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Non-antibiotic treatment of
Lyme borreliosis is only indicated in a few specific clinical situations. In chronic
Lyme arthritis, intra-articular steroids are useful to immediately relieve symptomatic joint effusion. Nevertheless, 4 studies with weak methodological evidence were convergent enough to recommend not proposing intra-articular injection before or even immediately after antibiotic treatment. The injection can only be recommended in the treatment of patients whose joint effusion persists despite 2 courses of oral antibiotherapy or one course of IV antibiotherapy. For some experts, the injection can only be made after negative PCR assessment of the joint fluid for spirochetes. This recommendation, although logical, has never been evaluated. Radiation synovectomy may be indicated in persistent synovitis after antibiotherapy and before surgical synovectomy. Further studies are mandatory to confirm the role of radiation synovectomy in the local therapy. Arthroscopic synovectomy can reduce the period of joint inflammation when persistent synovitis is associated with significant pain or limited function. Several experts recommend using the procedure only if synovitis persists after 2 months of antibiotherapy and a negative PCR joint fluid assessment. Non-steroidal anti-inflammatory drugs are often prescribed for their symptomatic effects. Experimental data is consensual on the deleterious consequences of systemic corticosteroid therapy. Corticosteroids are not indicated in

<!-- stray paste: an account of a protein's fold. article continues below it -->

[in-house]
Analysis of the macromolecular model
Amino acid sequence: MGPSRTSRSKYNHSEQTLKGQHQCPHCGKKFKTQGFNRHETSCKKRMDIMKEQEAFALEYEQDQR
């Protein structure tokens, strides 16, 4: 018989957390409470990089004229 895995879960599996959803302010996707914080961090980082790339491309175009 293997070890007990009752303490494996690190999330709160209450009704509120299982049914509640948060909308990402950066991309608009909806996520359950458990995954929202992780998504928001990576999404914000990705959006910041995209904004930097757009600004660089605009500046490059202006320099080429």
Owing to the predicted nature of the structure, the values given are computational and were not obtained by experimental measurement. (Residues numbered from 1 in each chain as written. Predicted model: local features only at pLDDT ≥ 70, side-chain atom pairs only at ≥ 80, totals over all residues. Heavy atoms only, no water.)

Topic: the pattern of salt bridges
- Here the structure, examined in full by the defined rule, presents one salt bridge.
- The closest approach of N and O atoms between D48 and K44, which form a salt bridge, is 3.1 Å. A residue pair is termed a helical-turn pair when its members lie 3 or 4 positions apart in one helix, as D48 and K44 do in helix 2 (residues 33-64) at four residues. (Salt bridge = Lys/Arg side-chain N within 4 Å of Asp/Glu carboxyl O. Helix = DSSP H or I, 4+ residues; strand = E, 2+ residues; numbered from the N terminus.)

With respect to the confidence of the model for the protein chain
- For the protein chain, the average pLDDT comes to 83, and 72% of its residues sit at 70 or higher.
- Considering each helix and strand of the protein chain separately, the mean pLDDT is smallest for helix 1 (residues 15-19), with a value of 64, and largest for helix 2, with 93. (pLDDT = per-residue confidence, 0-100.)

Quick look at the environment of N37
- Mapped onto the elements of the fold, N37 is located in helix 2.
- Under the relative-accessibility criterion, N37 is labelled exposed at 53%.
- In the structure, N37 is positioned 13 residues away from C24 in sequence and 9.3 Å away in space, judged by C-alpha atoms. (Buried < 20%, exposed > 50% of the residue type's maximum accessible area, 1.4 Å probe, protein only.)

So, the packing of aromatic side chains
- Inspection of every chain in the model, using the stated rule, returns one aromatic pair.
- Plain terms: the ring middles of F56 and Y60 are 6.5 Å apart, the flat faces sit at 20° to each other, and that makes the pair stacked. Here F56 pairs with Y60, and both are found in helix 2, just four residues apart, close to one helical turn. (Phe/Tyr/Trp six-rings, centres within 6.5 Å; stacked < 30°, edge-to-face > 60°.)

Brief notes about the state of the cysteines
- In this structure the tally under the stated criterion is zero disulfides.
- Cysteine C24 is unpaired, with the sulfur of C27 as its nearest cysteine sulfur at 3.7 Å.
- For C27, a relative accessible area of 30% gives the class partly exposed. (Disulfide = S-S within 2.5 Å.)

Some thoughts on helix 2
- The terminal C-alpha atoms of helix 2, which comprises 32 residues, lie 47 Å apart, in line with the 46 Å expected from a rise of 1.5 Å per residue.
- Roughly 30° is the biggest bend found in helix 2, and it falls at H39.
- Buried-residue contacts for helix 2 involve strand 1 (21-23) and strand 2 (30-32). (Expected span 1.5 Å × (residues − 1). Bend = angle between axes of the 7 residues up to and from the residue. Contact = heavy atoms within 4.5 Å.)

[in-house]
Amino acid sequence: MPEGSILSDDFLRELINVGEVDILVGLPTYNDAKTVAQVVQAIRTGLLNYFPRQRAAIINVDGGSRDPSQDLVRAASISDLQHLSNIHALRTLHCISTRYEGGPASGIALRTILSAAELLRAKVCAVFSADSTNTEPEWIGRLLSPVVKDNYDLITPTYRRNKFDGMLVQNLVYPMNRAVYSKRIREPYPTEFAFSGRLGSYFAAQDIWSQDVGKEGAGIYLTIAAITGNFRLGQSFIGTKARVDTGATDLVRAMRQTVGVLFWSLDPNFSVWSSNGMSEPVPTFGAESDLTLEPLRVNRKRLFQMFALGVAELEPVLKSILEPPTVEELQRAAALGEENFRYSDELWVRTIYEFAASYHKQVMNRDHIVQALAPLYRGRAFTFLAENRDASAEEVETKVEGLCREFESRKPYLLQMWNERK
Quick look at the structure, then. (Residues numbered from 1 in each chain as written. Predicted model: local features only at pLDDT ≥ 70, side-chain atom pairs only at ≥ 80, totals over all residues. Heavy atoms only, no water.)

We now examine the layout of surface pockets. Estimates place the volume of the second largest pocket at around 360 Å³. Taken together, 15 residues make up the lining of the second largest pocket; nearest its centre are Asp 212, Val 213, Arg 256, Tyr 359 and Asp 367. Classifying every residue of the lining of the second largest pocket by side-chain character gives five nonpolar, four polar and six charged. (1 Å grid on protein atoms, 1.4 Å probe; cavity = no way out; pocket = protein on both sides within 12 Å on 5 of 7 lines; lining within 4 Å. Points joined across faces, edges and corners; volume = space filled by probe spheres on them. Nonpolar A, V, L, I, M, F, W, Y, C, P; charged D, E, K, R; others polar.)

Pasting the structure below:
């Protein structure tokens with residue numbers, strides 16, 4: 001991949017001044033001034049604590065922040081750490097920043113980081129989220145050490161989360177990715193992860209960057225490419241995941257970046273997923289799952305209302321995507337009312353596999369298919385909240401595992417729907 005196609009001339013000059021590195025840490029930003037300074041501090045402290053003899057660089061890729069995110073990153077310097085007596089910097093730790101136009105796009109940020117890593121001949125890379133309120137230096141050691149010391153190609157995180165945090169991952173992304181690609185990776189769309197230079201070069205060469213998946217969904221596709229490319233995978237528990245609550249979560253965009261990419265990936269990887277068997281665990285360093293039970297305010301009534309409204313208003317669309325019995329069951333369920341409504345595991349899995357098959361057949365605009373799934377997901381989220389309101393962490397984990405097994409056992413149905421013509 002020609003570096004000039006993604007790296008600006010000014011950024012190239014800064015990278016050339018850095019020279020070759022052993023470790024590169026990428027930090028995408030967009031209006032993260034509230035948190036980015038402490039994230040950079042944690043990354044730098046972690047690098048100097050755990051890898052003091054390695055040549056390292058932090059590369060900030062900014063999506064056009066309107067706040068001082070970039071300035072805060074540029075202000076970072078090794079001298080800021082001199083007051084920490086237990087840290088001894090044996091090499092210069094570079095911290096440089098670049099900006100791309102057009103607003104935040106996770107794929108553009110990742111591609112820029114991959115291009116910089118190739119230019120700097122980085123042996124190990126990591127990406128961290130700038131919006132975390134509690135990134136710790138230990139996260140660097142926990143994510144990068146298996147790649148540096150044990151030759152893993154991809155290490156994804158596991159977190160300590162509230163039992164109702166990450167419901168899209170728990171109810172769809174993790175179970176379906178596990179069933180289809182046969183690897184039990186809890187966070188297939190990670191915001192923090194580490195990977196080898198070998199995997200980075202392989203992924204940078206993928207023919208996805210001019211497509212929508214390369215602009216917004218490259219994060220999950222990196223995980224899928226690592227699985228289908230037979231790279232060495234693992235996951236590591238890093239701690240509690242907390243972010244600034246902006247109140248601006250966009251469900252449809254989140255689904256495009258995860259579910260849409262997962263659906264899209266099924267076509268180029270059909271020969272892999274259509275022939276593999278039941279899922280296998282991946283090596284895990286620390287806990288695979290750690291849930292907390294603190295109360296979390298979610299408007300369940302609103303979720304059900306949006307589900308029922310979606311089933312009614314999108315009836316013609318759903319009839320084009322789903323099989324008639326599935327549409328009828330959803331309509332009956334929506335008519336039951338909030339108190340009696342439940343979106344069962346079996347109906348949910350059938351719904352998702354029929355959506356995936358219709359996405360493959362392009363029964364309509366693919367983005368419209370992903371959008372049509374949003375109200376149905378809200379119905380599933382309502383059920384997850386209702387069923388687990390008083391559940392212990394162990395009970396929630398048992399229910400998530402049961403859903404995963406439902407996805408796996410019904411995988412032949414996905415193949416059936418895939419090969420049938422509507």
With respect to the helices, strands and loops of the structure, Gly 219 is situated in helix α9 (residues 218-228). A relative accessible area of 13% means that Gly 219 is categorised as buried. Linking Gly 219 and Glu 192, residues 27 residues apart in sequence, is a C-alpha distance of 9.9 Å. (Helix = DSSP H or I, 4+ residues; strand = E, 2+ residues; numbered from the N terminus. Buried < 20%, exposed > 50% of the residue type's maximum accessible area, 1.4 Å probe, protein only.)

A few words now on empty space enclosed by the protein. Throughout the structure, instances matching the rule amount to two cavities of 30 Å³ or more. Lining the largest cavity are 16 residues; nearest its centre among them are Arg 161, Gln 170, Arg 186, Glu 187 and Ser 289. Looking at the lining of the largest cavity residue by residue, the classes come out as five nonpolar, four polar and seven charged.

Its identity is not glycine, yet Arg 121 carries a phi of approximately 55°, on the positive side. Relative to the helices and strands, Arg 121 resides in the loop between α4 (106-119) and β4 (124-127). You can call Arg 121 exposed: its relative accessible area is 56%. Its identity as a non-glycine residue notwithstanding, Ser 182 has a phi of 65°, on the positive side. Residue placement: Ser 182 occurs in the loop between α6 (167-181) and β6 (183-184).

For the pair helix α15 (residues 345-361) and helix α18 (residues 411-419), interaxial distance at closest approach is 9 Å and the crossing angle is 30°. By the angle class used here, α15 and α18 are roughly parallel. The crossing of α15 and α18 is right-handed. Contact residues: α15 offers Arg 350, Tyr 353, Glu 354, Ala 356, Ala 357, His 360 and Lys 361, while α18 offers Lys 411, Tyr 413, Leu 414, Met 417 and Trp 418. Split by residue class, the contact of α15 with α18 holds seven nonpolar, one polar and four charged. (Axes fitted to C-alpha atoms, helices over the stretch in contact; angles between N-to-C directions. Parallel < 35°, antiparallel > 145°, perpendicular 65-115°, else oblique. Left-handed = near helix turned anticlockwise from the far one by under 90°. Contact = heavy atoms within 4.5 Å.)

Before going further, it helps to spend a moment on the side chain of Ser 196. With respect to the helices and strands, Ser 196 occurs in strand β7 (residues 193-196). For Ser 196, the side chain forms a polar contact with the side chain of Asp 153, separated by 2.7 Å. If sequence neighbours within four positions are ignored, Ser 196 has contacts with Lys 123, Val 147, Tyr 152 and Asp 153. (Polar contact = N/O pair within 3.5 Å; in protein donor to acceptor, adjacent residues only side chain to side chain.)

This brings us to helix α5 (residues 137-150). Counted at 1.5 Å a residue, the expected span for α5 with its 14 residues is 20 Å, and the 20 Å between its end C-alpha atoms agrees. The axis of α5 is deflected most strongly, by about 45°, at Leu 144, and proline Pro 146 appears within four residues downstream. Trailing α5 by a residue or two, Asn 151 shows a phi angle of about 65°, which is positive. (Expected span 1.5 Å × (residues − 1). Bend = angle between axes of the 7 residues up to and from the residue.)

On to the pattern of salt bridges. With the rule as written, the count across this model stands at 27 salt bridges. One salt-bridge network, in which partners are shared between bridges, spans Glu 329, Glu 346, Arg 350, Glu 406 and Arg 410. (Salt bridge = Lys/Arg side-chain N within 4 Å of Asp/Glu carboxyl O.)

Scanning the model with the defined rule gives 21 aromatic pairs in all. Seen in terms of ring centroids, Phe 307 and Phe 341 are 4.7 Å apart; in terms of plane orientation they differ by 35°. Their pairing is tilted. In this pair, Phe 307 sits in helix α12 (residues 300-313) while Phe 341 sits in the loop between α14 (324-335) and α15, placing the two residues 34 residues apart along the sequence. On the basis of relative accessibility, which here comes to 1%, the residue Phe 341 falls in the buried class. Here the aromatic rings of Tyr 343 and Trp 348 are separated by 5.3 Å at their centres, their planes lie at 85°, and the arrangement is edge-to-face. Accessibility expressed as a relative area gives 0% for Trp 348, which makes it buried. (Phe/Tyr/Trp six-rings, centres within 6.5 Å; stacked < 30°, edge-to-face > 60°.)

disease. In post
disease syndrome, patient complaints may lead to a multidisciplinary therapeutic management and the use of neuro-psychiatric drugs.